First, Alix Hawley’s “My Pleasure” (The Walrus, May 2017)
“Jasper’s memory of certain ads from his childhood would remain slick as wet paint in his mind until he died.” It begins with a striking sentence which heralds the news that we are entering the land of memory, unreliability and changeability, and we are not to get too comfortable because Jasper’s death is a known factor.
But we can’t help but relate to the strangeness of the details which have lodged in his mind. And many of us will understand that spending any length of time in the service industry, let alone the fast-food arm of it, can lodge the unexpected in the recesses of any worker’s mind. “He had started out well enough: a fast runner, a quick reader, a member of the Student Justice Team throughout elementary school. But so much was lost. He’d been on the wrong path. Wrong, wrong, wrong all his life.”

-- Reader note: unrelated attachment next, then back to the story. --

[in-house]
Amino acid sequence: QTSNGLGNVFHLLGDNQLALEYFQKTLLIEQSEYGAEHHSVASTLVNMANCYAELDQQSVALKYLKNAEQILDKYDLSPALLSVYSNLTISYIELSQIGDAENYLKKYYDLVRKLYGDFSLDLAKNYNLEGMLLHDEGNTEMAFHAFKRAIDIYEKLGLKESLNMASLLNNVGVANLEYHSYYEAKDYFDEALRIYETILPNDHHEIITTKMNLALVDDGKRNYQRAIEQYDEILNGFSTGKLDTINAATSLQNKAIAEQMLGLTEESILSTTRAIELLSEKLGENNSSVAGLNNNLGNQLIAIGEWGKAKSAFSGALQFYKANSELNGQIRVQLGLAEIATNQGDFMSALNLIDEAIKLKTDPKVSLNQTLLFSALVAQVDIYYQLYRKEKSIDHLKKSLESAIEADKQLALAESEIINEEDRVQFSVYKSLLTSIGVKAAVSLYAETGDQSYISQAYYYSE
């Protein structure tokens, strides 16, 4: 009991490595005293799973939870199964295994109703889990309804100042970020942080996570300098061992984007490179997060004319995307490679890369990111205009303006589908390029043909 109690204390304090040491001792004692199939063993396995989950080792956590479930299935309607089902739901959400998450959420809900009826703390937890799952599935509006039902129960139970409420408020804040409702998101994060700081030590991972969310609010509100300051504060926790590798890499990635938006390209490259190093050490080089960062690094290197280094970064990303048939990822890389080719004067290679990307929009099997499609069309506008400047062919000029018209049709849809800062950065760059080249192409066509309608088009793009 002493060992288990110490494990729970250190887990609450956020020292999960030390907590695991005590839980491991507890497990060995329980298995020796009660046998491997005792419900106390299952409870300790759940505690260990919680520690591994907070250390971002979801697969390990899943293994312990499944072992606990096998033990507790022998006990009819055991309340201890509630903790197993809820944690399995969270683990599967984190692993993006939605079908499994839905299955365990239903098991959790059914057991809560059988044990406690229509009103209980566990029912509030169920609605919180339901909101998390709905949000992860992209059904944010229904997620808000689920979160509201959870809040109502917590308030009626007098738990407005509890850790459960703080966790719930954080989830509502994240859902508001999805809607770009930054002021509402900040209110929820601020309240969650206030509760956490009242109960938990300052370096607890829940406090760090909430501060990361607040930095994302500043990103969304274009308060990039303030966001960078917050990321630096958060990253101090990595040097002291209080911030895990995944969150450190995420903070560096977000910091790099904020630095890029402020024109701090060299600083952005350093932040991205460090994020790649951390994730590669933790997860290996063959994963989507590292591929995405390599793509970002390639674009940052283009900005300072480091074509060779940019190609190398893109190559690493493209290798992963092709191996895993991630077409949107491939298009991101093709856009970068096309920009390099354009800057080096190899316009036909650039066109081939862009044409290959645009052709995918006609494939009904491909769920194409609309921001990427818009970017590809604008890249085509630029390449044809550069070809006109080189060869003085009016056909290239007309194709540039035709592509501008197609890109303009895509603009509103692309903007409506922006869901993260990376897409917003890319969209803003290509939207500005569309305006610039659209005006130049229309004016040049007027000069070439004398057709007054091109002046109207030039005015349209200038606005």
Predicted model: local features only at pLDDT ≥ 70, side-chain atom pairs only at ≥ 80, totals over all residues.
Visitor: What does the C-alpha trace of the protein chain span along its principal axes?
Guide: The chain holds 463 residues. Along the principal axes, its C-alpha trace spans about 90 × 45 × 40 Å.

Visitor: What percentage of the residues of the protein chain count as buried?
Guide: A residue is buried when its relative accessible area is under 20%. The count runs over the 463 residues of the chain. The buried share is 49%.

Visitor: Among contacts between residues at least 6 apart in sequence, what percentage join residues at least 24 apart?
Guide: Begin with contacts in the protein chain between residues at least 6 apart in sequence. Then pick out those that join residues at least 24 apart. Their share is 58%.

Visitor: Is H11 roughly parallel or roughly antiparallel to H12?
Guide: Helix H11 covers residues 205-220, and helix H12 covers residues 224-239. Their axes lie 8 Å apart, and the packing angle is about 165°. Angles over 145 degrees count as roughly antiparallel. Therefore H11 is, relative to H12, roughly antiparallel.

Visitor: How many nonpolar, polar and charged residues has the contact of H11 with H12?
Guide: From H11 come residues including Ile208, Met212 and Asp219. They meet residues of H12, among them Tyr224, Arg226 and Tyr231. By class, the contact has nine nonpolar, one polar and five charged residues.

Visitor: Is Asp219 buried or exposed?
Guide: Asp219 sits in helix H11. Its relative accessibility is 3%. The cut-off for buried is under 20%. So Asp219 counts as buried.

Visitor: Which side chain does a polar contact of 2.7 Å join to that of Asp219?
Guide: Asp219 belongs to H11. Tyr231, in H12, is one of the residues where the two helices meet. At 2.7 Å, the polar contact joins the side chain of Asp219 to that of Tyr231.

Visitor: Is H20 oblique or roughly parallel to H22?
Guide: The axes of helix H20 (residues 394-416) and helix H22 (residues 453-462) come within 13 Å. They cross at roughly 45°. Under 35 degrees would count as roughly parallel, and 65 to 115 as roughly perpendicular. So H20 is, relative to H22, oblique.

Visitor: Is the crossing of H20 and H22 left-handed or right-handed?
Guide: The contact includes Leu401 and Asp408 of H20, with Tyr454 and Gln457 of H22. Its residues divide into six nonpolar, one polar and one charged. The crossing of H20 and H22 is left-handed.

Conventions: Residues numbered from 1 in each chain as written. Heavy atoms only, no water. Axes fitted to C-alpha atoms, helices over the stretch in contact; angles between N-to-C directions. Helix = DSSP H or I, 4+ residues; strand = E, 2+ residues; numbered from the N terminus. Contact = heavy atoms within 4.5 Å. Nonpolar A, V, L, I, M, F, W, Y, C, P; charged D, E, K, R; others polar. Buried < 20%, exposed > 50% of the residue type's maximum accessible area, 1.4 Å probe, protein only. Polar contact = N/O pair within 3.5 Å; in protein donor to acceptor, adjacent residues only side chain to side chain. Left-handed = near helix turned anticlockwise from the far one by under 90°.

Nonetheless, here we are, with Jasper, working the night-shift at McDonalds, when a car approaches to make an order and, then, everything gets weird.
“Time wasn’t a line and it wasn’t elastic , stretching out infinitely ahead of you. It was a curled-up thing.”